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The essence of the Tea Party: leave us alone

Ed Crane, president of the libertarian Cato Institute, wrote a nice editorial in last Friday's Investor's Business Daily about the failure of our elected officials to understand what the people really want. As he puts it, we have a failure to communicate:

The communication problem involves the accelerating realization on the part of many Americans that the essence of America, namely, a respect for the dignity of the individual, ... involves the government leaving the individual alone.

One of the classic examples of the failure of politicians to communicate with the citizenry is found in a video of Romanian tyrant Nicolae Ceausescu, giving what turned out to be his last speech to the teeming masses gathered in a square in Bucharest.

Oblivious to the mood of the people, Ceausescu is at his bombastic, self-important best until he realizes that the chants from the crowd below are not praise, but something rather to the contrary.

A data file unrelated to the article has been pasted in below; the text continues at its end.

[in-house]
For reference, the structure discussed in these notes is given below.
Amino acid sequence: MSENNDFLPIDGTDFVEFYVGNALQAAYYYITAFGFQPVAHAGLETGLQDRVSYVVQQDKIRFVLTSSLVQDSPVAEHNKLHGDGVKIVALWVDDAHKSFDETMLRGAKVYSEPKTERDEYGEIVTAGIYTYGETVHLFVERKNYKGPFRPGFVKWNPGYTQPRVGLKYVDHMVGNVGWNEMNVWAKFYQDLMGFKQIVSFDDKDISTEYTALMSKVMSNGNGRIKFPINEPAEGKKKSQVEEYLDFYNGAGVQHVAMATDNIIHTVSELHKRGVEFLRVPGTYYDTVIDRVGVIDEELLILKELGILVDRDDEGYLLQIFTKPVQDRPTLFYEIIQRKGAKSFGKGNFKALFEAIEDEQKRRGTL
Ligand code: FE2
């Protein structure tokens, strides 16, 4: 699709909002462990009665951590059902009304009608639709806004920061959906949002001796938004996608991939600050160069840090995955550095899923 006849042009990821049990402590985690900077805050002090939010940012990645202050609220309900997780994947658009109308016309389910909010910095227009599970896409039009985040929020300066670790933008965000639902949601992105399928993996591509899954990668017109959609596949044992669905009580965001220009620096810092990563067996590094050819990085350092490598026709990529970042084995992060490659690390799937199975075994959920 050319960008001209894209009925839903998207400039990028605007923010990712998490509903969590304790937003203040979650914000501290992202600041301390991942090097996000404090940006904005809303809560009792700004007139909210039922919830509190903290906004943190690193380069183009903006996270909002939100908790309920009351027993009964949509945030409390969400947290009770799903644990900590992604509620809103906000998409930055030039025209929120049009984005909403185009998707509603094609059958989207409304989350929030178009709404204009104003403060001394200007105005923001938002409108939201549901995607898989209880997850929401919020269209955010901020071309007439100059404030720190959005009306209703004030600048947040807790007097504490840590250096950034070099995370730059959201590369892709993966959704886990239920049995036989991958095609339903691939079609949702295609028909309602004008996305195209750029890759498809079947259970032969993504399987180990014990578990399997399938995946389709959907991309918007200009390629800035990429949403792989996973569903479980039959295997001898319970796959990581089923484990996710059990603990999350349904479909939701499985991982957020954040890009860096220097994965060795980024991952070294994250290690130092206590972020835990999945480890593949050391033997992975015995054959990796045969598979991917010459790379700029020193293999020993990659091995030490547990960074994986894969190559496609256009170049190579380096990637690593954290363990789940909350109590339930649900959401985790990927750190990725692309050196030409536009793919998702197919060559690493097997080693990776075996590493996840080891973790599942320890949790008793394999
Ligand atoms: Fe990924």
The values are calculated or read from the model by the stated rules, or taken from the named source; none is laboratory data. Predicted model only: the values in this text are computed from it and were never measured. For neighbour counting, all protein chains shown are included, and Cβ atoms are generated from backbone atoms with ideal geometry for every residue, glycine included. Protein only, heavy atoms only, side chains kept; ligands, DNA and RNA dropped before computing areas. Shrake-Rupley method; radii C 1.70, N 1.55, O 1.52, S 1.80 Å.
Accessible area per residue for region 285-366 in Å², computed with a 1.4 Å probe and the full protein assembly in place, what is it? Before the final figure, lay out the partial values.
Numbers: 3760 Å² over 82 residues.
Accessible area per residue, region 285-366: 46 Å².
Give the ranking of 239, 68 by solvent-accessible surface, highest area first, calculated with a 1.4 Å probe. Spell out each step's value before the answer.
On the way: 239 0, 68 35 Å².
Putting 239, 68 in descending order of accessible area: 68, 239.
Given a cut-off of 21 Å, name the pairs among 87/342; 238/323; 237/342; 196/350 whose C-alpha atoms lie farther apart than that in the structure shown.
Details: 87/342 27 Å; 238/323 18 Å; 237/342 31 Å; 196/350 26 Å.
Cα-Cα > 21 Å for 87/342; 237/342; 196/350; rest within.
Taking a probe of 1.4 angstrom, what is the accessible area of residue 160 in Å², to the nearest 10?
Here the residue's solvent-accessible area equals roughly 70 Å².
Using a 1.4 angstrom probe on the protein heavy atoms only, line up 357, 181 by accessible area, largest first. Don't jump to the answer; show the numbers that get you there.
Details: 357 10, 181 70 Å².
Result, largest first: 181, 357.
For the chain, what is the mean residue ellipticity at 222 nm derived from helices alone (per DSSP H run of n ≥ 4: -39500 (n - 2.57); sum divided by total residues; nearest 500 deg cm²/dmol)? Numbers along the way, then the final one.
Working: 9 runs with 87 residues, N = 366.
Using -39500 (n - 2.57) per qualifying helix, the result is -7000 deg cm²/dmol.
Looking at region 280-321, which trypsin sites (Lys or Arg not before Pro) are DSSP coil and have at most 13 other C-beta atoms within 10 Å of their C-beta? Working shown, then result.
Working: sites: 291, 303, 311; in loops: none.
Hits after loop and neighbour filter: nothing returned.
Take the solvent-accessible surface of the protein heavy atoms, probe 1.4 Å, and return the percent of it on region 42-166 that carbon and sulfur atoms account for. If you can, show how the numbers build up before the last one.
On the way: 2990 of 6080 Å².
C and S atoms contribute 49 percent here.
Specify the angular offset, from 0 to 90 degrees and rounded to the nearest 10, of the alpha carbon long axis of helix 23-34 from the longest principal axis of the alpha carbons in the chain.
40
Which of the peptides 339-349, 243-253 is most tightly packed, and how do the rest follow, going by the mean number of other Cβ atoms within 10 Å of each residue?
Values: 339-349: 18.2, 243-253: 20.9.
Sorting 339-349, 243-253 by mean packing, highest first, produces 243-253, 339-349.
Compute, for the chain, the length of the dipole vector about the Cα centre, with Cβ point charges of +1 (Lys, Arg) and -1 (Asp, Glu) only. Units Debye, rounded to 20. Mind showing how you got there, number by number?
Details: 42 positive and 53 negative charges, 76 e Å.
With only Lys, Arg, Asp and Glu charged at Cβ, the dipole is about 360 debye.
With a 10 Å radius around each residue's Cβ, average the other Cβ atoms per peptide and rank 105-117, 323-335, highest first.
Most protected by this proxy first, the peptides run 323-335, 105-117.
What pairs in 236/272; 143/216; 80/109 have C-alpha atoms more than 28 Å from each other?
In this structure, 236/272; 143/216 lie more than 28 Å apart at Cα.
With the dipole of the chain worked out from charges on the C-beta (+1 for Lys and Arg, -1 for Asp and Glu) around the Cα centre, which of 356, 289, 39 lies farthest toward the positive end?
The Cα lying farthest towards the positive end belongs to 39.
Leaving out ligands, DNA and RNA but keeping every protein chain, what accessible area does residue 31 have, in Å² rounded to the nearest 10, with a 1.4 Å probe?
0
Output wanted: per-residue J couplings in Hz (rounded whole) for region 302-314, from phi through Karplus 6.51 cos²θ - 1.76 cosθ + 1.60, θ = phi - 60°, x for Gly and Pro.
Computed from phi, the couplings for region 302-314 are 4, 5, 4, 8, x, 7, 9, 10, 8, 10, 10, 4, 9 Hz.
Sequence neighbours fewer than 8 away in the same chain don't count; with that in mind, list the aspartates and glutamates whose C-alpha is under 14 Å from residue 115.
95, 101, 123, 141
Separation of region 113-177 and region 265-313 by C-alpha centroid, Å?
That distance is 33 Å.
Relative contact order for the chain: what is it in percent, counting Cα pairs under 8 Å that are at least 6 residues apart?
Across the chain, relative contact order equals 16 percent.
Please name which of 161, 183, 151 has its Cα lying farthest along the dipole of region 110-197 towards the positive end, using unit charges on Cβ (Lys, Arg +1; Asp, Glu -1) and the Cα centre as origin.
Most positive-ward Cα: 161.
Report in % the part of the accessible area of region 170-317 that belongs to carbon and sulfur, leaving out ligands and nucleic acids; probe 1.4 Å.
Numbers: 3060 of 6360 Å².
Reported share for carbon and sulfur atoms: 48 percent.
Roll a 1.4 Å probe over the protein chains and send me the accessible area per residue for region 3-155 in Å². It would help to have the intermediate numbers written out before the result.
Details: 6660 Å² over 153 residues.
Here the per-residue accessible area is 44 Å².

The Declaration of Independence says governments are created to secure our rights to life, liberty and the pursuit of happiness. In other words, to leave us the hell alone.

... this is the encouraging thing about the Tea Party movement. It is made up of average Americans who are sick to death of politicians regulating, taxing, controlling and limiting individual choice.

[Congressmen] think we sent them to Congress to solve our problems when we sent them there to see to it that we are left alone to solve our own problems. Add to that the fact that many of our problems have been created by Congress, and we have the basis for a healthy, peaceful revolution.

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